David Pallant


David Pallant

Academic Rank:
Associate Professor

English & Philosophy

Liberal Arts

Office: DH 329

Phone: 973-328-5448

Education: B.A., Communication, University of Massachusetts; M.A., Communication Arts, New York Institute of Technology

During the course of his career, Professor David Pallant has had an insider’s view into the rapidly shifting landscape of public relations and communications. He was a part of the advertising team at a major TV channel during its controversial rebranding. He worked with Google during the years it was developing the Android phone. And he was a staff member for the Howard Dean presidential campaign when it unleashed the power of the Internet as a political tool. Today Pallant, as a professor of public relations and speech, is focused on teaching students how to remain relevant in a world where change is the only certainty.While he has had an extensive and enjoyable career in public relations and communications, Pallant says teaching is his true passion.

“For me teaching is a giving profession focused on helping people,” he says. “Knowing that you have gotten through to a student and made an impact is the best reward.”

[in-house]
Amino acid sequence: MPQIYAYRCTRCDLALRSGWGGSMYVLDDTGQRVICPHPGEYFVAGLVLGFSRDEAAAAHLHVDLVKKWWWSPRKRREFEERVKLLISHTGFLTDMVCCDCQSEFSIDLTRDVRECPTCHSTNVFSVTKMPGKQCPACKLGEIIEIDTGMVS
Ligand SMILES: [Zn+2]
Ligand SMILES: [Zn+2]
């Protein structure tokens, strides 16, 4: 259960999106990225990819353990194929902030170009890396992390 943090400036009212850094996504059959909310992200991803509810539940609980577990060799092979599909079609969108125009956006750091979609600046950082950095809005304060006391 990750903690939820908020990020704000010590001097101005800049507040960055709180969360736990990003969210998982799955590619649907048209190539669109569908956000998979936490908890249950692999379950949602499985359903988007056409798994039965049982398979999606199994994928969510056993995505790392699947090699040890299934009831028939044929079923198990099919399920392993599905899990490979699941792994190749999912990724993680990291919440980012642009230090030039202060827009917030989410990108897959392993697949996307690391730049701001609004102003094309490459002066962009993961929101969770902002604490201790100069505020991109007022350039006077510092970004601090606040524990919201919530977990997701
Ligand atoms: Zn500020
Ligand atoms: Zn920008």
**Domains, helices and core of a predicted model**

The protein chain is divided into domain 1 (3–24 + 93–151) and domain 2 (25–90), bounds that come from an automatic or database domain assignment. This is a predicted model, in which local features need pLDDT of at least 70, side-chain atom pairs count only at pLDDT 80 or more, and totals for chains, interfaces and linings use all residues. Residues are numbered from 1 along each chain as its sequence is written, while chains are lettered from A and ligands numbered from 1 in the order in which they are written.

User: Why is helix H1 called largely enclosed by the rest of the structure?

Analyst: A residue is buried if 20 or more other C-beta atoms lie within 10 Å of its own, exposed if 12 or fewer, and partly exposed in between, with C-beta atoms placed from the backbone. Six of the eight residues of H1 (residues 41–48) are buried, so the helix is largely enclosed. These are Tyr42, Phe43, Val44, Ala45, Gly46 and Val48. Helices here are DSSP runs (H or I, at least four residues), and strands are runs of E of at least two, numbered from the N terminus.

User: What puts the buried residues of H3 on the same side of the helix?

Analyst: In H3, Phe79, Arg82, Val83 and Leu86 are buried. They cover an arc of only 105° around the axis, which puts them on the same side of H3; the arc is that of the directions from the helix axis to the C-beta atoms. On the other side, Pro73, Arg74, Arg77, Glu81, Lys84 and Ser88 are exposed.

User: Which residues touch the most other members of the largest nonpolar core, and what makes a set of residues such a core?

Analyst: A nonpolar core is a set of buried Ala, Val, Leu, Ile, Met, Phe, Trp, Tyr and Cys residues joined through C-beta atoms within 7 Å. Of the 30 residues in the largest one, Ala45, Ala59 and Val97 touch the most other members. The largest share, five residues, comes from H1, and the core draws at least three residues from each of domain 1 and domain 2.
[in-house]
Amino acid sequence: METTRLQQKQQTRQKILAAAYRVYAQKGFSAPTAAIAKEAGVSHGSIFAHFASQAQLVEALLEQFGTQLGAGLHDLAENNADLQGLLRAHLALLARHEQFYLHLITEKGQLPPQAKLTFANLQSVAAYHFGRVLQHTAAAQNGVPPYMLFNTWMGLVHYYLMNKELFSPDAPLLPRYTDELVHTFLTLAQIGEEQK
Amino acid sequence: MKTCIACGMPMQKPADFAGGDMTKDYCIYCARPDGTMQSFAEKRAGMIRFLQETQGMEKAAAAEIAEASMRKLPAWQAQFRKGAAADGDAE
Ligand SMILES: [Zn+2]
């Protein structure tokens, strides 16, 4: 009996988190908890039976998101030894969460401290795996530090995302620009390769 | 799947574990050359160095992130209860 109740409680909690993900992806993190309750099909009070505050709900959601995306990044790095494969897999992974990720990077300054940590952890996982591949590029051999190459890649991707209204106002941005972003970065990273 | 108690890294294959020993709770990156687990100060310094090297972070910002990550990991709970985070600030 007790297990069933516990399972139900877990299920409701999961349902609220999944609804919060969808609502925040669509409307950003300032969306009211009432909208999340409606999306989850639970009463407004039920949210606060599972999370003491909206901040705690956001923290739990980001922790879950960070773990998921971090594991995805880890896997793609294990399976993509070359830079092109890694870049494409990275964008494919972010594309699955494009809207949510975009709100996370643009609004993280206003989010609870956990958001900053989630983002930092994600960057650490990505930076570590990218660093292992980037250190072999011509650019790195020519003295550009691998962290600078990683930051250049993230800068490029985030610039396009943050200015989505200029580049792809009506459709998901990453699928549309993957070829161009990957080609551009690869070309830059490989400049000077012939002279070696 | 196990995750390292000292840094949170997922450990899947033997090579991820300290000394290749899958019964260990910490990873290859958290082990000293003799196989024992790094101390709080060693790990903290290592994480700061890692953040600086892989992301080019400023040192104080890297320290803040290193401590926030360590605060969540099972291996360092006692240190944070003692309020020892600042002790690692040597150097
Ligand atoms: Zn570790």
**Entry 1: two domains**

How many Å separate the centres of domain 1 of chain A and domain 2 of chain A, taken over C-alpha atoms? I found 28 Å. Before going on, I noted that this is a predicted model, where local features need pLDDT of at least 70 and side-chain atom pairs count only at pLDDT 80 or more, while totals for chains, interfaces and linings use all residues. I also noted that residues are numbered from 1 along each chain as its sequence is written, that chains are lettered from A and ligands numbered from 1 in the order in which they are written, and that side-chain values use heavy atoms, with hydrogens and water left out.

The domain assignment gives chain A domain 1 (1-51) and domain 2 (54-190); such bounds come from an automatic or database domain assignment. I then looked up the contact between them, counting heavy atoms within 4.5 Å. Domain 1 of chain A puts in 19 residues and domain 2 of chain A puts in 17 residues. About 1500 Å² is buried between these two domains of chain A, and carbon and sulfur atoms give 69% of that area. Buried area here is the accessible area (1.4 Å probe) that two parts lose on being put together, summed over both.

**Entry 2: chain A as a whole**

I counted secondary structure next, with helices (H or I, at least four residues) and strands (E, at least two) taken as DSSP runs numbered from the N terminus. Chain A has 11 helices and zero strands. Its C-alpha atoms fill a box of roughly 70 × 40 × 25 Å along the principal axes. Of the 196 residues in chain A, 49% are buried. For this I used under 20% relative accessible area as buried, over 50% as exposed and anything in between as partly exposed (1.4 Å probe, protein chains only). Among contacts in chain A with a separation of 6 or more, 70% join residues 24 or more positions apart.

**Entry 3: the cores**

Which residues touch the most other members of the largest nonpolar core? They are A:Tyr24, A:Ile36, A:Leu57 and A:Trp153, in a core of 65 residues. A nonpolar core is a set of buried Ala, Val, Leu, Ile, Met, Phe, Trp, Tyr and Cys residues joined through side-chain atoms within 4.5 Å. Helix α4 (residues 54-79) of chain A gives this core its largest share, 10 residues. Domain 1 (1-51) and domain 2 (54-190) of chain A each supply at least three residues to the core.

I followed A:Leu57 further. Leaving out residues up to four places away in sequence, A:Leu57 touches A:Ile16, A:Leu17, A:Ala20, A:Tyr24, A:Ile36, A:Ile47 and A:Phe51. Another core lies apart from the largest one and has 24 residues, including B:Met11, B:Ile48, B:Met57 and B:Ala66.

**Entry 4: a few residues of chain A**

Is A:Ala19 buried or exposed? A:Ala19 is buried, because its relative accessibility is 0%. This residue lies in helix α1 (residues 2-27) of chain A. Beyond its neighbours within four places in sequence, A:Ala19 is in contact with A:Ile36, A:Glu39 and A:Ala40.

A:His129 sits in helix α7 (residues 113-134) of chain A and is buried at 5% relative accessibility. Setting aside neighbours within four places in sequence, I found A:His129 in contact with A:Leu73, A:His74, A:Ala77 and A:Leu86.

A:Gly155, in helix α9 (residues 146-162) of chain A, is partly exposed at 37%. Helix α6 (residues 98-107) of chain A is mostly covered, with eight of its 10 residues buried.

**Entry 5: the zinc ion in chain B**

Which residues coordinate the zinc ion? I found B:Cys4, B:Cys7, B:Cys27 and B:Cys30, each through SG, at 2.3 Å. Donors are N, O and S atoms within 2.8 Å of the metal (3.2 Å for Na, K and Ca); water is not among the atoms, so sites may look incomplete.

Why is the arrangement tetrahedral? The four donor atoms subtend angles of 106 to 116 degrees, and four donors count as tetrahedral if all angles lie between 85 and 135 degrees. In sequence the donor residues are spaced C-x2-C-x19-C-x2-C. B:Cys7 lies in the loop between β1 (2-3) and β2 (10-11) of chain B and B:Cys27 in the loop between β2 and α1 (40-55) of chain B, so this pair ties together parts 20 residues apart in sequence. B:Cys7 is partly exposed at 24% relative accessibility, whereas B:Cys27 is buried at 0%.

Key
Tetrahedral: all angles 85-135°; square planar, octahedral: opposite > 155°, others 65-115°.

Pallant earned his bachelor’s degree in communications from the University of Massachusetts, Amherst, and his master’s in communication arts from New York Institute of Technology. It was at UMass, he said, that he first became interested in teaching.

“I had a really great communications teacher as an undergraduate who talked a lot about the new technology that was coming and it turned out to all be true,” says Pallant. “I want to be at the forefront of what is developing and I want to be able to share that with others.”

Along with remaining at the forefront of change, Pallant brings an extensive background in communications and public relations to the classroom.

He worked with MTV’s Spike TV as it was in the process of changing its name from TNN in the midst of a lawsuit filed by film director Spike Lee. He was a staff member of the Dean for America presidential campaign, which set the foundation for using social media for political fundraising and grassroots organizing. And he worked with Google as a video contractor assisting with its then-new acquisition – YouTube – while it was also developing the applications for the Android phone.

“The challenge today for communications professionals is that things now change so rapidly,” says Pallant. “Look at what happened with MySpace. One day it was the social network of choice, and then Facebook changed that. Five years from now, it is going to be something else.”

What he tries to stress to his students is that they need to develop strong writing and communications skills, learn how to analyze things on a micro level, and stay abreast of the changes that are coming to remain marketable.

“I try to expose them to what is new and trendy,” he says, “but most of all what I try to convey is that they have to develop a strong foundation in basic communications skills and they need to remain inquisitive about and open to the changes that are coming.”